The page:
...Prayer for the needs of the Church and the individual faithful is so important that serious thought should be given to reorganizing priestly and parish life to ensure that priests have time to devote to this essential task, individually and in common. Liturgical and personal prayer, not the tasks of management, must define the rhythms of a priests life, even in the busiest of parishes.

Now when we believe that, we will have begun to experience the reform of the priesthood and the rebirth of the Church in our day which we all so desperately need.


And then there’s confession.  “Some,” Pope Pius write, “Some of those who find recollection of the heart a burden, or entirely neglect it, do not seek to disguise the impoverishment of soul which results from their attitude, but they try to excuse themselves on the pretext that they are completely occupied by the activity of their ministry, to the manifold benefit of others.”  Which is why he warns that we should observe the counsel of Saint Bernard, who wrote:

“As a searching investigator of the integrity of your own conduct, submit your life to a daily examination. Consider carefully what progress you have made or what ground you have lost . . . Strive to know yourself. . . Place all your faults before your eyes. Come face to face with yourself, as though you were another person, and then weep for your faults.”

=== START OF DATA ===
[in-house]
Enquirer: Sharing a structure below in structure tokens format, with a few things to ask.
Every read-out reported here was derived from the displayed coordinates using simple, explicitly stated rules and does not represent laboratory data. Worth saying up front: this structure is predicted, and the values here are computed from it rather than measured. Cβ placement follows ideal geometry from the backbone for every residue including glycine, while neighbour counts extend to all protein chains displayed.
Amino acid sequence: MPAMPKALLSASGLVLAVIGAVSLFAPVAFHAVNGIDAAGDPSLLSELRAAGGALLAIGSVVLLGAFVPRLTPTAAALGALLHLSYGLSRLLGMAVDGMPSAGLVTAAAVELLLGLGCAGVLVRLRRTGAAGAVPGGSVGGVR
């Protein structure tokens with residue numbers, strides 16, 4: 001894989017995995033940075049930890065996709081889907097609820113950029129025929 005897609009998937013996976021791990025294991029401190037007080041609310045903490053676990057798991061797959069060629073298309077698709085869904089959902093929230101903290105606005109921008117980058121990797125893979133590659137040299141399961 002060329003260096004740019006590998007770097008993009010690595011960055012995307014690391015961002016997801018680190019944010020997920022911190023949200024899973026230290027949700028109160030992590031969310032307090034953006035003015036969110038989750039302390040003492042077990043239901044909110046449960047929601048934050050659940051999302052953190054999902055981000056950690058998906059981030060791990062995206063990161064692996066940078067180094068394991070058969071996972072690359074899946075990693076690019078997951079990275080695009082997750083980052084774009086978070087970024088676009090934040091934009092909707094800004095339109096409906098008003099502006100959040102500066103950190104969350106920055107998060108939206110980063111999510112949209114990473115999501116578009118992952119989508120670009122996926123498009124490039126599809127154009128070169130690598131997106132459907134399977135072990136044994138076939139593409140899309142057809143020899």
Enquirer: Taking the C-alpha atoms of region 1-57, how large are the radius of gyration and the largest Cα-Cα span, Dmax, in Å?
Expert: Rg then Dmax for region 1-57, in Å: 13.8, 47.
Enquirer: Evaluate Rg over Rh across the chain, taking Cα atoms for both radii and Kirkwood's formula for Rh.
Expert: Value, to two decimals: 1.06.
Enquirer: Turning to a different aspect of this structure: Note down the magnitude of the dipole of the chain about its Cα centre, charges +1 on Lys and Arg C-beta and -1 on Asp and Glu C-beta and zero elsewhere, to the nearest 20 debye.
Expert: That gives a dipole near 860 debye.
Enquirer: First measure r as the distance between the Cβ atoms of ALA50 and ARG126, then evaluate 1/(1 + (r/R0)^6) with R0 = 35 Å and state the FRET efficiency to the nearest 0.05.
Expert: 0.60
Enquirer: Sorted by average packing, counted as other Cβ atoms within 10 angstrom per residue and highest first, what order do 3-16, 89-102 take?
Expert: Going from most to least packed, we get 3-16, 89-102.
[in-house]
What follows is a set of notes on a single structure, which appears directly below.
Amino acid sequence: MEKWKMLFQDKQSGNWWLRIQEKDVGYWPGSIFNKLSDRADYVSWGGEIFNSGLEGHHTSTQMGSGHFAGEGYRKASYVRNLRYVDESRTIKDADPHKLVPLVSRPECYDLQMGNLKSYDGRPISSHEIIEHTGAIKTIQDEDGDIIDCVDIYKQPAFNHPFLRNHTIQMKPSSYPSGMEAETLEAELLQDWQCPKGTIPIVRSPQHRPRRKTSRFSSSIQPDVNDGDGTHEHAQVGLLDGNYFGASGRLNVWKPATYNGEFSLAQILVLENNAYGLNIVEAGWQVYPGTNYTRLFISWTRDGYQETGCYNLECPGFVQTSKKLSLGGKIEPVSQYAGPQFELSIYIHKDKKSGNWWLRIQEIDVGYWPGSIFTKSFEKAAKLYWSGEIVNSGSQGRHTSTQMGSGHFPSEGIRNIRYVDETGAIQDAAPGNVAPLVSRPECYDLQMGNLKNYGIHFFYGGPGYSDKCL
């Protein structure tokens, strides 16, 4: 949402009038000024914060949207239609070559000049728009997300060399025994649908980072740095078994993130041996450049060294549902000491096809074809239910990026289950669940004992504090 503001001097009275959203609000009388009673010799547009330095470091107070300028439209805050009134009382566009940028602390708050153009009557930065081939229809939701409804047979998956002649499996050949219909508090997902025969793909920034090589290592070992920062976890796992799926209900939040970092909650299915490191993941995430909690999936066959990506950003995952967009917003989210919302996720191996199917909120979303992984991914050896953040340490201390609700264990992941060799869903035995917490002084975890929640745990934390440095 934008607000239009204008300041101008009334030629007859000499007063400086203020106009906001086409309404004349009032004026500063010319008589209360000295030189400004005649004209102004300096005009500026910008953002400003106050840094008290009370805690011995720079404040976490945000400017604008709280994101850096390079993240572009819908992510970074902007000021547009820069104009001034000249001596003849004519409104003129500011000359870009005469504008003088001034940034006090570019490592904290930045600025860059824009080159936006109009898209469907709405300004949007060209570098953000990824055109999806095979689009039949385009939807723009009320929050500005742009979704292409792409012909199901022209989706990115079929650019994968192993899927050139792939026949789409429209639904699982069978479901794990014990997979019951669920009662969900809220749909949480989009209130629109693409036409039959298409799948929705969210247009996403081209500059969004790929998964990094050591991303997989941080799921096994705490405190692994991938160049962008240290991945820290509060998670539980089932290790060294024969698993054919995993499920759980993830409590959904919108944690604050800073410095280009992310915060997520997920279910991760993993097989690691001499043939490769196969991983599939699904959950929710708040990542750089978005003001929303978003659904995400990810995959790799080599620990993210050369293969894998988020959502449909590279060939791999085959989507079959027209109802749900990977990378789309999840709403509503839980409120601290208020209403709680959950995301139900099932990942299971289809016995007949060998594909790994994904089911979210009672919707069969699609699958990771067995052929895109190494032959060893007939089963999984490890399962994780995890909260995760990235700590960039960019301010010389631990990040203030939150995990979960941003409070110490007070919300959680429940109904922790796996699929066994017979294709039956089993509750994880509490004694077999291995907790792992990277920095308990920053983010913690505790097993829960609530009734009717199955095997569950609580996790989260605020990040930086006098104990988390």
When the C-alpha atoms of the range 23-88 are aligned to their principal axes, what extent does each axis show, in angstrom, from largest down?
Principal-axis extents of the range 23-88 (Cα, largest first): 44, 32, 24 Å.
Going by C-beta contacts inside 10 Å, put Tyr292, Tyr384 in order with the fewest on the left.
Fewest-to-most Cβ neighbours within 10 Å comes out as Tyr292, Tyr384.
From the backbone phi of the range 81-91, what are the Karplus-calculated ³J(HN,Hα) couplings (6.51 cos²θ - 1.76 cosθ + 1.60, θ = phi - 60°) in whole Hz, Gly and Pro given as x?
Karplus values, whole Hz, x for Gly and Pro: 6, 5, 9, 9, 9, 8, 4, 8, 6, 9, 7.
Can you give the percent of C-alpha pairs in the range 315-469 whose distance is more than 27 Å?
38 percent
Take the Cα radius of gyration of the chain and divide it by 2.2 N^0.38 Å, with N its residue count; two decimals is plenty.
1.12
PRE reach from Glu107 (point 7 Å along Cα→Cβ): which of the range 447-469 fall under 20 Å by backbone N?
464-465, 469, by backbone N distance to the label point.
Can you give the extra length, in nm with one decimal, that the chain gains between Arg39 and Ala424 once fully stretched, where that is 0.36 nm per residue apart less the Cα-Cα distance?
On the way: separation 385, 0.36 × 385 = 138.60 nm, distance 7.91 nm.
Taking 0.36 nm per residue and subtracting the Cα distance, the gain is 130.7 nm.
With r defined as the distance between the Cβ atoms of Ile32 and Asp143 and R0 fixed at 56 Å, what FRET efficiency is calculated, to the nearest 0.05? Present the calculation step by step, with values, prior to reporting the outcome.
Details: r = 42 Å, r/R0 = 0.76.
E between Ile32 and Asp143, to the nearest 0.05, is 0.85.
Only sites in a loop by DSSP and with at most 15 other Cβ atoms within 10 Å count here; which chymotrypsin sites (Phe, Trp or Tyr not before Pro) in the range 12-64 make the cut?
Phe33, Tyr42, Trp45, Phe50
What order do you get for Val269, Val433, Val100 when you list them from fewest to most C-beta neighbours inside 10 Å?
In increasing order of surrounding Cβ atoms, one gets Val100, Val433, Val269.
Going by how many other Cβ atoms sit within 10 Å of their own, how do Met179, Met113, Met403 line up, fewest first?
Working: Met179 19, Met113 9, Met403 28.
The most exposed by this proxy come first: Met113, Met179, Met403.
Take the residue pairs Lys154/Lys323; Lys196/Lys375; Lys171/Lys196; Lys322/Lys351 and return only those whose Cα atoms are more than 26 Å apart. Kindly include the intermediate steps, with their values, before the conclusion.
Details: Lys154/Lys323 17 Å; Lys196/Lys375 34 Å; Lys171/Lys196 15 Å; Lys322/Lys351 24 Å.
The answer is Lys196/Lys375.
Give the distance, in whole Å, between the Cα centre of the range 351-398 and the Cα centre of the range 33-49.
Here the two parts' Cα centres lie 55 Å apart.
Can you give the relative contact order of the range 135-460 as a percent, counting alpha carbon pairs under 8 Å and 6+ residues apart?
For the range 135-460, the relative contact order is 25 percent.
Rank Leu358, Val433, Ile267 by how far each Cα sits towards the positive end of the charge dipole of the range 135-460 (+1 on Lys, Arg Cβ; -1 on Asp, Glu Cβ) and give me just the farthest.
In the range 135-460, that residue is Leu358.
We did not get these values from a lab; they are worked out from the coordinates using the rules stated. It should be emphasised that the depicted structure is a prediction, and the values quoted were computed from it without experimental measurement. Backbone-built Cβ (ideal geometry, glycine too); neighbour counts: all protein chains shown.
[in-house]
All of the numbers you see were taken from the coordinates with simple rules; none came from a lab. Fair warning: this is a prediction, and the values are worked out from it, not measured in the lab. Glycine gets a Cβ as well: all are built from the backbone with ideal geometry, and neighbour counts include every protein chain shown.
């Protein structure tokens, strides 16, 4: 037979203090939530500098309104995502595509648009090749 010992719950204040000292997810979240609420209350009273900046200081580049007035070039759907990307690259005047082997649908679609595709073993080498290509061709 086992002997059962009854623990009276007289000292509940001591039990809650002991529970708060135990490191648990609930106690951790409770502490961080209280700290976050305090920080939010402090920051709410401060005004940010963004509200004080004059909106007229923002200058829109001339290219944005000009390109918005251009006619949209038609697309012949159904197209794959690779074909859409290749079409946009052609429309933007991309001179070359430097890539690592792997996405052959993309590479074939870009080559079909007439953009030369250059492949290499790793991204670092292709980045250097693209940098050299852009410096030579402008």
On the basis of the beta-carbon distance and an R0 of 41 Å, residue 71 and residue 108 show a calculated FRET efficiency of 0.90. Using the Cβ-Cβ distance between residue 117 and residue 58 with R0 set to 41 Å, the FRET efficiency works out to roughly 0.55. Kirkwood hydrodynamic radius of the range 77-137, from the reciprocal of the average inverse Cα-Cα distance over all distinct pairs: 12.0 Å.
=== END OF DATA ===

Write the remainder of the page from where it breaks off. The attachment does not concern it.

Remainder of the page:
The Pope goes on:

It cannot be denied, and it is bitterly to be deplored, that not infrequently one finds priests who use the thunders of their eloquence to frighten others from sin, but seem to have no such fear for themselves and become hardened in their faults; a priest who exhorts and arouses others to wash away without delay the stains from their souls by due religious acts, is himself so sluggish in doing this that he delays even for months; he who knows how to pour the health-giving oil and wine into the wounds of others is himself content to lie wounded by the wayside, and lacks the prudence to call for the saving hand of a brother which is almost within his grasp. In the past and even today, in different places, what great evils have resulted from this, bringing dishonor to God and the Church, injuring the Christian flock and disgracing the priesthood!